Saturday, September 11, 2010

Book Review: Redeeming Science, by Vern Poythress

Vern Poythress is one of the most conservative graduate-level seminary professors of Biblical interpretation. However, he calls into doubt such fundamental Biblical doctrines such as death before the fall and the flood being a global event. It is troubling that he does not recognize the excellent work done by young earth creation scientists in these areas.

(Book Review. Redeeming Science, by Vern Poythress, Crossway Books, Wheaton, IL, 2006, 381 pages, $20.00.)

Vern Poythress, professor of New Testament interpretation at Westminster Theological Seminary in Glenside, Pennsylvania, authored Redeeming Science, A God-Centered Approach, in 2006. Recently, a copy was sent to all the alumni of the seminary, of which I am one.

It is a long book of 381 pages (including appendices, bibliography and index). In it he gives a detailed theological and scientific interpretation of Genesis chapter 1, Creation, Science, and Intelligent Design. His academic background is evident in his handling of the material - besides a Th.D. in New Testament from the University of Stellenbosch (South Africa), Dr. Poythress also holds a Ph.D. in Mathematics from Harvard University.

The book is very readable and persuasive. Toward the end it even has a discussion of quantum equations and the wave operator. However, its erudition is marred by some very questionable assumptions of Biblical interpretation which strongly colors the thought of Poythress and many other seminary professsors of our time. For example, on p. 121, Poythress asks,

"What do we say about animal death? The later scriptural statements are talking about human death. God created man to have fellowship with him and to enjoy life in the presence of God forever.... The animals and plants, however, did not enjoy the same exalted status as man. In fact, later on God explicitly gives to man the authority to kill animals for food, but not to kill a fellow human being (Gen. 9:3, 6).... Psalm 104, a psalm that repeatedly alludes to the creation in Genesis 1, includes details that imply animal death: .... 'These all [all sea creatures, and probably all land creatures as well] look to you, to give them their food in due season [Ps. 104:27] ["food" here must include large fish eating small fish; this verse describes God's continuing providential control over the present order, not a vegetarian past]." (brackets are in the original)

"I conclude that we do not have any firm basis for saying that animal death started only after the fall of man." (p. 122)
This is his conclusion, despite the fact that just a couple of pages earlier, Poythress notes that:

"The presence of death seems in disharmony with the pronouncement that the creation was 'very good' (Gen. 1:31), and with the later scriptural statements that death came through one man, Adam (Rom. 5:12; 1 Cor. 15:12; Gen. 3:19)."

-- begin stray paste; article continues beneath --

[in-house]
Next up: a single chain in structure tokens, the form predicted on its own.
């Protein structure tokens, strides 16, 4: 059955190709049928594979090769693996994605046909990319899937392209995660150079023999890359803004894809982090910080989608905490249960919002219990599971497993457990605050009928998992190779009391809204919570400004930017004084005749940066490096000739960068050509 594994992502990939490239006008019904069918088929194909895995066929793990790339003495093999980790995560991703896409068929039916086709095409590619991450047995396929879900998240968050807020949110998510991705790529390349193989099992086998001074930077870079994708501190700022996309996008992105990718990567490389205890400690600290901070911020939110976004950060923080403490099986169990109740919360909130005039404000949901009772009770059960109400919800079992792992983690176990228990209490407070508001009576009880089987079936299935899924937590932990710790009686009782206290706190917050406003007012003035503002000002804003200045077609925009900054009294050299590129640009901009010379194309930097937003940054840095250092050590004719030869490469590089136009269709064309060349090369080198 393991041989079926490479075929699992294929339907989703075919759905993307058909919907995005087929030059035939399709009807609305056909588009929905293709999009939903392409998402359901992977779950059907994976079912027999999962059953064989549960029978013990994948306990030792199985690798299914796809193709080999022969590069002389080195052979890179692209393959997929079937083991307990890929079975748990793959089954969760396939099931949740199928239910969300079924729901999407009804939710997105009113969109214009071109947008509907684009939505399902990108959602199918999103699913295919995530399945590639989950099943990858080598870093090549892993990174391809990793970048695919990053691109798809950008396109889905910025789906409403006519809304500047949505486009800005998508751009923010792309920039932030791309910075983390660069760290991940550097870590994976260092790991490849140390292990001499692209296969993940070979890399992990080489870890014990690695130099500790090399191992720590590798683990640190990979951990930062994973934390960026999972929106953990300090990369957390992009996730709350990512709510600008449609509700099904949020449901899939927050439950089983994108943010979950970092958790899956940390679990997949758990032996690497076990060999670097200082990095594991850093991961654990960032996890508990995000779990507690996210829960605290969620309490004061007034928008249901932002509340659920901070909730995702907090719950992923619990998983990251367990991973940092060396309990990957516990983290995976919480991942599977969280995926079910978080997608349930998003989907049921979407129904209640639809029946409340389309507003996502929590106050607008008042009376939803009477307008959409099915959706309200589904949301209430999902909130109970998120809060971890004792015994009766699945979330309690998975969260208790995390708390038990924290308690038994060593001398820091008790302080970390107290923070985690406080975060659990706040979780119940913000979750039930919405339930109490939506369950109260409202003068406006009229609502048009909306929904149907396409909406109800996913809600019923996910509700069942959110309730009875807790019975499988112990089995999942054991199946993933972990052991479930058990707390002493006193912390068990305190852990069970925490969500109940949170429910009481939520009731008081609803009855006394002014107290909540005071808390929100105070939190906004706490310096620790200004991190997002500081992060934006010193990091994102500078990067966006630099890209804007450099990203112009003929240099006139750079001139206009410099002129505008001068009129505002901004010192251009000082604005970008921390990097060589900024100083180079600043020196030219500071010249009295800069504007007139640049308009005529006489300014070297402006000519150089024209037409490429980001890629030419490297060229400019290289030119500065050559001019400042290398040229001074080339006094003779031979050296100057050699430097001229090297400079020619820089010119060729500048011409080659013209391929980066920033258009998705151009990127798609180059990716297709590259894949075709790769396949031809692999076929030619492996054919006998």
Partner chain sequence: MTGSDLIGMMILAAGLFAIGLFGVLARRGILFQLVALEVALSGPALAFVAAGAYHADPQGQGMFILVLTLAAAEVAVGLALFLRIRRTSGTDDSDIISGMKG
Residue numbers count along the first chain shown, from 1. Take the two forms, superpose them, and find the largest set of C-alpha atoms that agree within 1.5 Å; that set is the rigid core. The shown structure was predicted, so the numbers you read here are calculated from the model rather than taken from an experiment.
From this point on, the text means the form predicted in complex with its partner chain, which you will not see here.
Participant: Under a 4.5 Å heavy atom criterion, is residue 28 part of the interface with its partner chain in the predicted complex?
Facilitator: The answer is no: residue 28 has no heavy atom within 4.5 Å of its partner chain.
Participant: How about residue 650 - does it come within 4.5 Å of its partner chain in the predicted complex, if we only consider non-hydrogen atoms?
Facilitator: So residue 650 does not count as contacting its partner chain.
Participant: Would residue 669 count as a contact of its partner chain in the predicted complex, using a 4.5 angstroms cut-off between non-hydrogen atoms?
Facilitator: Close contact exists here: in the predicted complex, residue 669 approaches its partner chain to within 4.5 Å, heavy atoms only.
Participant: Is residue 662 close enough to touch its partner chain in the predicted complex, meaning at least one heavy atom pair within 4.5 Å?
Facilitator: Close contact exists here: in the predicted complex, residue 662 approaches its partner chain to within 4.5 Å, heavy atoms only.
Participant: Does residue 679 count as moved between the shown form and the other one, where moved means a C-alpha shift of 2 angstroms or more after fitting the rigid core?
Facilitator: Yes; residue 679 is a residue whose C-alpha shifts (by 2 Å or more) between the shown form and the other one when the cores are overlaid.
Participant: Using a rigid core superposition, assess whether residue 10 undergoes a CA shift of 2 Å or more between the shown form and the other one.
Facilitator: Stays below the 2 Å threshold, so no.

Poythress goes on to immunize himself from criticism on this topic with this statement on p. 122:

"Again, we must beware of presuming to dictate to God what kind of world he had to create. It had to be 'very good' in his sight; but that is not the same as saying that it must match what some of us may think ideal". (italics in the original)
In his outwardly balanced approach, it is interesting that Poythress notices the clear meaning of these words from the Fourth Commandment "For in six days the Lord made heaven and earth, the sea, and all that is in them, and rested on the seventh day" (Ex. 20:11). He uses this verse to strike down the Day-Age Theory for creation (p. 112), and also the Analogical Day Theory (p. 131ff), however, he chooses to overlook the theological implications of this verse in his discussion of animal death above.

Yet again, Poythress is non-commital in his theological discussion of Noah's Flood (p.129):

"I conclude therefore that Genesis 6-9 by itself does not clearly indicate exactly how extensive the flood was. It covered an extensive area - the ordinary 'world' of the ordinary person in the ancient Near East. Possibly it covered the entire globe, but Genesis does not turn this possibility into a certainty. Consequently, we must go out and look at other parts of the world, alert to what further information may appear there."

One would think from this last sentence that Poythress would go on to the scientific work of young earth creationists who indeed are actively "going out and looking at other parts of the world". However, in his bibliography of over 200 sources, Poythress only includes the pioneering book The Genesis Flood (1961) by John Whitcomb and Henry Morris, The Young Earth (1994) by John Morris, and Starlight and Time (1994) by Russell Humphreys (which Poythress dismisses as having a flaw in its physical reasoning). Unfortunately, these are the only young-earth creationist works listed. In fairness, there are a dozen or so books listed from the Intelligent Design movement, including those of William Dembski, Phillip Johnson, and Michael Behe.

Relatively speaking, Vern Poythress is one of the most conservative scholars today who are teaching Biblical interpretation at seminaries which offer graduate theological degrees. However, it is troublesome that this brand of "nuanced" interpretation is raising up yet another generation of pastors and teachers, without providing them the solid Biblical foundation with which they could help believers to strengthen their faith in the Creator God, and thus truly "redeem science".

Marko Malyj
M.S. Physics Drexel University
M.Div. Pastoral Ministry Westminster Theological Seminary

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